ALEXANDRIA, Virginia — Microfinance has long been a popular economic strategy for developing countries looking to provide poor communities with access to financial services. Because microloans often end up trapping loan recipients in cycles of indebtedness, thus exacerbating the problems they are supposed to remedy, development organizations have moved away from them in favor of initiatives like agriculture insurance. But growing evidence has shown that small-scale microloans can be a viable option for funding sanitation facilities in poor communities.
According to UNICEF subsidiary organization WASH (Water, Sanitation and Hygiene), 32 percent of the world’s population – 2.4 billion people – lack access to high-quality sanitation facilities, and 663 million use “unimproved drinking water sources”. According to WASH, a lack of access to safe water and sanitation services “kills and sickens thousands of children every day, and leads to impoverishment and diminished opportunities for thousands more.” Additional consequences include decreased productivity in industries such as agriculture and time spent (mostly by women) fetching water from faraway water sources.
One phase of the millennium development goals (MDGs) was aimed at increasing the ubiquity of household latrines, which many governments and donors expected poor households to pay for themselves. However, many people in those communities lack access to financial services, and funding a household toilet can be surprisingly expensive. A 2013 study by Trémolet Consulting, an organization that focuses on water and sanitation economics, found that in Tanzania, the cost of building a single latrine can account for 112 percent of a household’s annual income.
While a lack of financial access remains a major hurdle for developing regions, the increase in competition among microfinance services providers as well as mobile banking and online finance have decreased “financial exclusion” among poor people living in rural and remote regions. In 2008, the Gates Foundation estimated that 125 million households would be interested in taking out a loan for either water or sanitation purposes, leaving a total potential value of $12 billion for investors looking to fill the gap.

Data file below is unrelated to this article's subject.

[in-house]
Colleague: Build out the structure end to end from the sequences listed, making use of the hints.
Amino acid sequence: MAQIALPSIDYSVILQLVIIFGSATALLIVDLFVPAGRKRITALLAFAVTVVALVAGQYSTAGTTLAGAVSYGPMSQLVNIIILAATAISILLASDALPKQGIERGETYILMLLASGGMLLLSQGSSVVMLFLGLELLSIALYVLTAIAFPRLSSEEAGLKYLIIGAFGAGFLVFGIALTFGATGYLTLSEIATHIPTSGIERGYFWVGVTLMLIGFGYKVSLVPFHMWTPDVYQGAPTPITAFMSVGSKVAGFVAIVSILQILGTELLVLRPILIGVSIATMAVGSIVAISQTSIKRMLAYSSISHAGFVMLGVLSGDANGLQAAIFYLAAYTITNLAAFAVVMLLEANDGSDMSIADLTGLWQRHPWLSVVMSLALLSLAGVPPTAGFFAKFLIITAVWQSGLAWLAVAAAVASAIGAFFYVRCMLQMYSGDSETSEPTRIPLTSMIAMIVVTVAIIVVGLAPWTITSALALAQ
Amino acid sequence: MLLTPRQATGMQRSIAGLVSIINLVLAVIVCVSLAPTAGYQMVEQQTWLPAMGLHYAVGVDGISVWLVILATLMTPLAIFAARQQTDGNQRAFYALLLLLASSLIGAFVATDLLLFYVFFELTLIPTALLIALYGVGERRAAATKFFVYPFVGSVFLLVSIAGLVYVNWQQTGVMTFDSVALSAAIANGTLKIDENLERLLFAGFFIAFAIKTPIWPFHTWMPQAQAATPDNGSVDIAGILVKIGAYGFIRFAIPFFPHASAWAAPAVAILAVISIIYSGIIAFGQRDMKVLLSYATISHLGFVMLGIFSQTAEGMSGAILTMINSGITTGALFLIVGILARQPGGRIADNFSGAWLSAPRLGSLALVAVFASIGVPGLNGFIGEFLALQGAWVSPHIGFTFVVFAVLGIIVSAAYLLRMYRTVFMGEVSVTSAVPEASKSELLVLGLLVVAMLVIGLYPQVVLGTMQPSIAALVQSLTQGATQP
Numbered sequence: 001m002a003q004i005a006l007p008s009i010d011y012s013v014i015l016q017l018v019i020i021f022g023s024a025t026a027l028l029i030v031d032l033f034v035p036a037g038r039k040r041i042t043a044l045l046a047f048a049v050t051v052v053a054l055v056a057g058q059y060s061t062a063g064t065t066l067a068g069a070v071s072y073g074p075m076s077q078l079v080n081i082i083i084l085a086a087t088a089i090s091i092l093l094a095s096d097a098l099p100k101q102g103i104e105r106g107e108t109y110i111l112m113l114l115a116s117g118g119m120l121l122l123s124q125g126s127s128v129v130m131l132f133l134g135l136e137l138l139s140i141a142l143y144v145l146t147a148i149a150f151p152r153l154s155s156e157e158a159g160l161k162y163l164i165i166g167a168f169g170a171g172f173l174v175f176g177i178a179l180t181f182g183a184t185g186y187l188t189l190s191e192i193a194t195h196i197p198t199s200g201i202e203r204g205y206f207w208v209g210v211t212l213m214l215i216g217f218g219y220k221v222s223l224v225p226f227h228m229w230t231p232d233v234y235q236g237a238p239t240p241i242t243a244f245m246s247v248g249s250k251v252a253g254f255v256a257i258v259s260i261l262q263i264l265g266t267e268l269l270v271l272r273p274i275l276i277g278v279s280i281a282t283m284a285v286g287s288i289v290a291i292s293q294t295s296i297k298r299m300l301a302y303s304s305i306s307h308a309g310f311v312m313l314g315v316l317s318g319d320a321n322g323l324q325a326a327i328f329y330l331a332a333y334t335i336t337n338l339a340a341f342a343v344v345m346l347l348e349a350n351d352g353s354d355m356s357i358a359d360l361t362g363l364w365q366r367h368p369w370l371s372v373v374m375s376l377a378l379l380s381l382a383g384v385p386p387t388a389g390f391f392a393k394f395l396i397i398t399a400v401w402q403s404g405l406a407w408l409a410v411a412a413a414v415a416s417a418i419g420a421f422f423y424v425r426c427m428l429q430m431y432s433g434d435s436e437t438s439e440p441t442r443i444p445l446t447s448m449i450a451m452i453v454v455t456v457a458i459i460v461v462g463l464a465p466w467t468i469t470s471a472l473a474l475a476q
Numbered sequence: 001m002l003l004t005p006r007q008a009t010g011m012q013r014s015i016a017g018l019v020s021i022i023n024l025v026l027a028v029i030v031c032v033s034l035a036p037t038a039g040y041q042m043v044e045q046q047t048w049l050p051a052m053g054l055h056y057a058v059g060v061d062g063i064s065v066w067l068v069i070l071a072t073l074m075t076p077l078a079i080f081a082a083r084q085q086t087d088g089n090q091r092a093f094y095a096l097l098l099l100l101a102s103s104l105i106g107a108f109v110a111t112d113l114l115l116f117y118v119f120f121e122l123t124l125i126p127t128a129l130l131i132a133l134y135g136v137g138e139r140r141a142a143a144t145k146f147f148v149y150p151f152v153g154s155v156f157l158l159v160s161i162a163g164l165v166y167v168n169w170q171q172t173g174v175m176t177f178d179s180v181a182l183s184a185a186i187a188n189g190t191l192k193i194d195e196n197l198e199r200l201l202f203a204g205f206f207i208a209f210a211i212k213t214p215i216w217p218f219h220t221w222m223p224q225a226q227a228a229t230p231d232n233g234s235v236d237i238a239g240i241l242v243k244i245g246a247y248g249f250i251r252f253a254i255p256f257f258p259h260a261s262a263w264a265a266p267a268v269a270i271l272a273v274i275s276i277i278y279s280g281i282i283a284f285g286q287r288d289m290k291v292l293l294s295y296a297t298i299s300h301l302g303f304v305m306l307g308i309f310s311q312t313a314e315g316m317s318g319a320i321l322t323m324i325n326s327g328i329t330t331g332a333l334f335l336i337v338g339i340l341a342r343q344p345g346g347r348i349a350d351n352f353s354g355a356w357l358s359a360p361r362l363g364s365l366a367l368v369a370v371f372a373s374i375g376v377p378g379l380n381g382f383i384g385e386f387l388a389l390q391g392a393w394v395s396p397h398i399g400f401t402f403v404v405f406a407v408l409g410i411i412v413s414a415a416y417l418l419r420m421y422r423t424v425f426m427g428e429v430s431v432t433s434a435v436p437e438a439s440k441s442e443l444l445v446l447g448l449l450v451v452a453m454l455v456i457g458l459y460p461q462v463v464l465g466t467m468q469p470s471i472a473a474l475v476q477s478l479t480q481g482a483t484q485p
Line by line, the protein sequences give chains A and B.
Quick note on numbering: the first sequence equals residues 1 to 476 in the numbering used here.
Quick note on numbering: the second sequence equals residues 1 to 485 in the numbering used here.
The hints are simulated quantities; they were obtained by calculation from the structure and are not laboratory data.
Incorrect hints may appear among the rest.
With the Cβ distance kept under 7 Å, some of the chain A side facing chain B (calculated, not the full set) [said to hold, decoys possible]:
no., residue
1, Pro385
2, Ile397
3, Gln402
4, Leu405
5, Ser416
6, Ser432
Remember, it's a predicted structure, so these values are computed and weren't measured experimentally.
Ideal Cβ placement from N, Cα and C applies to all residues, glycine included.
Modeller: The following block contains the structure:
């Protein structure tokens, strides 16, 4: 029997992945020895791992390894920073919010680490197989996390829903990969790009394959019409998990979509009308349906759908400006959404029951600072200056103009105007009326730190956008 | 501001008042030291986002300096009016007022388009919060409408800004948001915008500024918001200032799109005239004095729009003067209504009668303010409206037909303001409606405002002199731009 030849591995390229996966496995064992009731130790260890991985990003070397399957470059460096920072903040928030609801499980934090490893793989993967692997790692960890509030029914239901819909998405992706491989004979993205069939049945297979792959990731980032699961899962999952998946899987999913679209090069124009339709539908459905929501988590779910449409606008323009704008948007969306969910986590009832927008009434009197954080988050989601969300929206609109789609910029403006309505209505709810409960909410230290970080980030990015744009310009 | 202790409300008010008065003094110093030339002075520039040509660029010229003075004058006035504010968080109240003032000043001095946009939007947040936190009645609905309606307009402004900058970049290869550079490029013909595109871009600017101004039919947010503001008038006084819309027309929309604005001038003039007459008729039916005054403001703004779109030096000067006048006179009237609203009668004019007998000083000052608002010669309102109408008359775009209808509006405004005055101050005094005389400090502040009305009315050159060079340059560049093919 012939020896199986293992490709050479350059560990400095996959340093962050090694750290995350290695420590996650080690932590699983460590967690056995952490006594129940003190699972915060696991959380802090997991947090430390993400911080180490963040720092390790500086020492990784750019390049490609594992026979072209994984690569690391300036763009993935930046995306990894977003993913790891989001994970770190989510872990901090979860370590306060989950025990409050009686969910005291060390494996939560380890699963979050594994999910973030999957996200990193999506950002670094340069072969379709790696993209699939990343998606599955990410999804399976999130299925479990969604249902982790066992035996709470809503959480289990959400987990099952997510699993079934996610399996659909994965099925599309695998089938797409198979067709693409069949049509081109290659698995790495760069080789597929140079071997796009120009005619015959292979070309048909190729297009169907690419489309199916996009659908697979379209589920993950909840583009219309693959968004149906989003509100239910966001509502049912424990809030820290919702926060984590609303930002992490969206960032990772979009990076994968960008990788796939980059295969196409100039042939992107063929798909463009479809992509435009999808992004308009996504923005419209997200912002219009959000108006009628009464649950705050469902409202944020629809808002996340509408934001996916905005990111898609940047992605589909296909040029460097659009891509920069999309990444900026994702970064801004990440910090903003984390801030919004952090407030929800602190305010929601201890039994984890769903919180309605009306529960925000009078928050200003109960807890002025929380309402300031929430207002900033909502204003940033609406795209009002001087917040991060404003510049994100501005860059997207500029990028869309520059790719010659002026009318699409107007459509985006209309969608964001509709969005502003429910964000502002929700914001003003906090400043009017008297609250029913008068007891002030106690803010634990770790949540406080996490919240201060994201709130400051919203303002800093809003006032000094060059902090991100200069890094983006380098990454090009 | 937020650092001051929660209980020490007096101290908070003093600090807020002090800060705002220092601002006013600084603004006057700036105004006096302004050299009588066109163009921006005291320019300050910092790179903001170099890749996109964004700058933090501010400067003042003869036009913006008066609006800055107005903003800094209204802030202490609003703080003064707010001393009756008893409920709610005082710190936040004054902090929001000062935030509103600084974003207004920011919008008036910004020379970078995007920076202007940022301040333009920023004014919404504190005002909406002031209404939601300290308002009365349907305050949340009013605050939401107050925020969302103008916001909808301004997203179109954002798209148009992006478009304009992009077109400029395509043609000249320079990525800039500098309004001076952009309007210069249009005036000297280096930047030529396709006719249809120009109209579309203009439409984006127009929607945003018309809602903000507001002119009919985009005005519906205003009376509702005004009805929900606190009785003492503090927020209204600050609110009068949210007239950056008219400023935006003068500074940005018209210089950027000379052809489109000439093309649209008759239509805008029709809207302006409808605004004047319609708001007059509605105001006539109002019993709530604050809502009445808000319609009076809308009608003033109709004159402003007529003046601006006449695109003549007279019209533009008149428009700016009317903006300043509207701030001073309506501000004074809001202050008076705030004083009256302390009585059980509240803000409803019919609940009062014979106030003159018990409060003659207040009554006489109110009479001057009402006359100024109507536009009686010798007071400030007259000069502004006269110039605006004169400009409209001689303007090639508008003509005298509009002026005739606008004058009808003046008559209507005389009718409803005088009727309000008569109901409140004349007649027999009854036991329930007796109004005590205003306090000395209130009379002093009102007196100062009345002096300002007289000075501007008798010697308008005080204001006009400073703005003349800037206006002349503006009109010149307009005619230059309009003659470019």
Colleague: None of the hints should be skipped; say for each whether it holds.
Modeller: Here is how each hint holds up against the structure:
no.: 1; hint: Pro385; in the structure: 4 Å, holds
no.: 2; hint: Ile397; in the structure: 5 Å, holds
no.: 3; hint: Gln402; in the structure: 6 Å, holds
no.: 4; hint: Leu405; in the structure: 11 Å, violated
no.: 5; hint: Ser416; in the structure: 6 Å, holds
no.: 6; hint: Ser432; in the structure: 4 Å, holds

As water and sanitation economist Sophie Trémolet wrote in an article for The Guardian, microloans are not income-generating, and repayment rates can often be artificially high. But clean water and sanitation can help households realize a number of essential benefits, including reduced medical expenses, fewer days lost to illness, and generally increased productivity.
While microloans can offer poor communities quick access to financial services, it’s important to remember that those high-rate loans can’t combat poverty without the help of governments and development organizations. “Microfinance cannot be the only answer to increasing finance for sanitation and there are still many questions as to how and where it should be used,” wrote Trémolet. “But it is a plausible solution to help households in developing countries; provided that the factors influencing demand are better understood.”
There are certain prerequisites for developing countries hoping to lift their people out of extreme poverty and achieve higher levels of economic development. These include infrastructure developments, such as roads and schools, and access to certain social programs.
However, access to basic necessities like food and sanitation services allow people to work without worrying about their households succumbing to preventable diseases like cholera. Until governments supplement the efforts of poor communities in establishing universal access to basic necessities like sanitation, they will continue to live in a state of subsistence and vulnerability.
– Zach VeShancey